29 posts categorized "Animals: Penguins"
April 15, 2014
March 24, 2014
January 20, 2014
Today, January 20, is Penguin Awareness Day, so we thought we'd share some news with you! Earlier in January, two members of Shedd's animal care team (including Lana, pictured here) ventured to Cape Town, South Africa, to rehabilitate endangered African penguins.
The 500 penguins were abandoned or ill, but in partnership with the Southern African Foundation for the Conservation of Coastal Birds (SANCCOB) they're being given top-quality animal care and re-released in the wild.
We'll share more details about the process over the next few weeks, so stay tuned!
November 07, 2013
As veterinary science advances at a clip that rivals human medicine, animals in aquariums and zoos are living not just healthier but also longer lives. Australian lungfish Granddad, shown above in 1933, celebrated his 80th anniversary at Shedd earlier this year. Along with being Shedd’s oldest animal, he’s also the oldest fish in any public zoological facility in the world. But is he a senior or is he just middle-aged? Like 60 is the new 40 for a lot of people, several of Shedd’s longevity-busters are in their prime, thanks to excellent care—and, of course, good genes.
July 09, 2013
September 10, 2012
If you’ve called recently about booking an encounter with one of our Magellanic penguins, you know that the birds are molting. We suspend the penguin encounters during this two- to three-week period while the birds refeather.
For penguins, molting is an annual process during which they completely replace their plumage. (Some bird species have a second either partial or complete molt during the year.)
“The Magellanics look like shorn sheep,” says Lana Vanagasem, Shedd's supervisor of sea otters and penguins, shown above leading a penguin encounter. The birds probably feel like it, too. She speculates that the sensation of the new feathers emerging from the follicles in the skin is itchy. “They definitely can be irritable during molt,” she says.
January 20, 2012
March 24, 2011
I’ve always had a fascination with penguins, ever since I was a child. However, never in my wildest dreams did I actually think I’d meet a penguin. Then, one day, I sat on a small bench surrounded by strangers (who would quickly become friends based on this amazing shared experience) and there in front of me stood 407. At just under 2 years old, 407 is a juvenile Magellanic penguin and one of the many penguins that are a part of the encounter program at Shedd. This extraordinary experience, similarly to Shedd’s Beluga Encounter and Trainer for a Day programs, allow guests to get a close-up, behind-the-scenes experience - not just for entertainment, but an amazing opportunity to learn more about these beautiful animals.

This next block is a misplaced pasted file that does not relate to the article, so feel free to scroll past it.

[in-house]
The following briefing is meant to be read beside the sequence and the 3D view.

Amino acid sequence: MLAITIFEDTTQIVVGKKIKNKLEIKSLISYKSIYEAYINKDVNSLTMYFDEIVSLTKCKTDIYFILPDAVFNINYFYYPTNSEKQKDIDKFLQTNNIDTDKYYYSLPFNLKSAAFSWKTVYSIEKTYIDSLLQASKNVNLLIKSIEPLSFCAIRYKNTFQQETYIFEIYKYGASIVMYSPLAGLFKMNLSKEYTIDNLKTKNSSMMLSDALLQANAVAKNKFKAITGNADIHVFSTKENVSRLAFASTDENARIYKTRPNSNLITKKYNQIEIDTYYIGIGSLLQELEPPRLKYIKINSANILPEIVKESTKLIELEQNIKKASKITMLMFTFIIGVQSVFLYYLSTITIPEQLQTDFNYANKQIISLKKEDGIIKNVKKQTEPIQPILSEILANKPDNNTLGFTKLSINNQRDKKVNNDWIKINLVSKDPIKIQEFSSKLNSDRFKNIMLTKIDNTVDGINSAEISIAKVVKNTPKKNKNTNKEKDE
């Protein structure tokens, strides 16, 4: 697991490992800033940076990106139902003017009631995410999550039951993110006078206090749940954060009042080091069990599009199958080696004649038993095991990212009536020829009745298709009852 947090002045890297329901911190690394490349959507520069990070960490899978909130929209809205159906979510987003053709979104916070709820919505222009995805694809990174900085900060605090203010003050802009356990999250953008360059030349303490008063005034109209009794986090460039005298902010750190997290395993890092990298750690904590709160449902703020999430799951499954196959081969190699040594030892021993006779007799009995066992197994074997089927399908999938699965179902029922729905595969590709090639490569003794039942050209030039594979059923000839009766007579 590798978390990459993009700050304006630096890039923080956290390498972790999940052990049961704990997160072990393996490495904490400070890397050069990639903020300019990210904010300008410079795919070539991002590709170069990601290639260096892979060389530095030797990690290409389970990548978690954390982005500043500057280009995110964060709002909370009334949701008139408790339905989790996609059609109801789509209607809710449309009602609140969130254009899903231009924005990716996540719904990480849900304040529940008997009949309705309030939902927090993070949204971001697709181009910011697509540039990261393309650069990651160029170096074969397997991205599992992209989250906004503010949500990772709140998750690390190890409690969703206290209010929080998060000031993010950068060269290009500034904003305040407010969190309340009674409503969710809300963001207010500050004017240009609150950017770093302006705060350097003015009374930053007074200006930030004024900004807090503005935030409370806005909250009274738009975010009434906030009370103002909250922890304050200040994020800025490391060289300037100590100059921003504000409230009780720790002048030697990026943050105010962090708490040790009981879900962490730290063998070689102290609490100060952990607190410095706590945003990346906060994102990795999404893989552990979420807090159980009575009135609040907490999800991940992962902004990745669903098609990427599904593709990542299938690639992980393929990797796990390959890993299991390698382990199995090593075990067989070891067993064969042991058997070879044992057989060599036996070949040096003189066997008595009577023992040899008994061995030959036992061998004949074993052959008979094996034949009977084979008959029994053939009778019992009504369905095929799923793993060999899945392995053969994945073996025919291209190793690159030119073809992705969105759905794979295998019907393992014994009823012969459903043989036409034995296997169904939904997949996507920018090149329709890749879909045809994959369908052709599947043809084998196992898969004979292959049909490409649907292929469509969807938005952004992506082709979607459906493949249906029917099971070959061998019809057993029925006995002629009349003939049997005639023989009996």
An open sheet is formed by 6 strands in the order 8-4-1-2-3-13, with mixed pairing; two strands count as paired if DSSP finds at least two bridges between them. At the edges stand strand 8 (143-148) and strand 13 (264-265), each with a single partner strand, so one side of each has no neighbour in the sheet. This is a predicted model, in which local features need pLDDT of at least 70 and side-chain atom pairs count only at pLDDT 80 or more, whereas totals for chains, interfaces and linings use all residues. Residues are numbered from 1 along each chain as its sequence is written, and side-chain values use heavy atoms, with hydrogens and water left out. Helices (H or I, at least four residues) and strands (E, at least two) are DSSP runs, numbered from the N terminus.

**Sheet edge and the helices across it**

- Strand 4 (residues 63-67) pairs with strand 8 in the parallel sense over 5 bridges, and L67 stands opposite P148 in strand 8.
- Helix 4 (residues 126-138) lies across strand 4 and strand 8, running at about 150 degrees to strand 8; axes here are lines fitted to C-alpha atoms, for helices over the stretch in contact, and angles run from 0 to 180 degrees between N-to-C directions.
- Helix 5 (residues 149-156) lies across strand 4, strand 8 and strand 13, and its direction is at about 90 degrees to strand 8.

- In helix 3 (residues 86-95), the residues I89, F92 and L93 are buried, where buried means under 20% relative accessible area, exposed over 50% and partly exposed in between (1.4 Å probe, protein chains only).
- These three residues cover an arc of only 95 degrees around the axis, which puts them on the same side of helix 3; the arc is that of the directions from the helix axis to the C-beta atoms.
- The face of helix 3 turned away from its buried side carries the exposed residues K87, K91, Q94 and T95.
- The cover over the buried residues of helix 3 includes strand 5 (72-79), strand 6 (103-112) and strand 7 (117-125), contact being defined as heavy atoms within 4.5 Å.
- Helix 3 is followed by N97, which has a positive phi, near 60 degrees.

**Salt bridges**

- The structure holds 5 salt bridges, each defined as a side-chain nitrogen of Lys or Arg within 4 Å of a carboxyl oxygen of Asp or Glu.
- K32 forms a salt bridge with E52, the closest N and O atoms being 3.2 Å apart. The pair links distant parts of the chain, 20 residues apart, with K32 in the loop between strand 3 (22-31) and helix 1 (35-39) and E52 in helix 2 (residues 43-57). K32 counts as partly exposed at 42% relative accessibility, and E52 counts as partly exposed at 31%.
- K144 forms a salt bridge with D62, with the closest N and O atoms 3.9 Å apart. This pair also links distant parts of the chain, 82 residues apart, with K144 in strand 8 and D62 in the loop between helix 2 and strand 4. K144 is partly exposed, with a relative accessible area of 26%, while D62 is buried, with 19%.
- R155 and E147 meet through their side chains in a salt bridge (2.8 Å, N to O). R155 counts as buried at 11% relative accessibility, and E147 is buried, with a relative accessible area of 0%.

April 15, 2010
It’s April 15, and you know what that means… it’s time to put nesting rocks in the penguin habitat! Thanks to a nutritious diet, a realistic landscape and exhibit lights that are timed to replicate seasonal changes in day length, the rockhopper penguins are going into mating mode. Each year around April 15, we begin scattering smooth river rocks, small enough to fit in a cupped hand or a penguin’s mouth, throughout the rocky exhibit. Pretty soon the males are picking them up and waddling them over to prime nesting real estate. One male has actually staked out two nest sites. Another, who has been stealing rocks from his neighbors, has constructed a nest in the center of the habitat. We’ve also put out twigs to encourage the two mated pairs of Magellanic penguins. This species nests under shrubs or in shallow sand burrows. The trainers say, however, that these birds are still pretty new to the habitat and may not feel settled in enough to breed this year. Meanwhile, the rockhoppers have decided that the twigs add a nice touch—or maybe feel—to their nests. While the birds are totally serious about this—and even more territorial than usual—it’s a lot of fun to watch. Visit soon!
November 19, 2009
For the top-to-bottom Oceanarium renovation, Kris Nesbitt, senior exhibit designer, and Kara Kotwas, senior graphic designer, saw the underwater viewing gallery as a blank canvas on which to create a universally accessible permanent exhibit where “all children can find something to do.”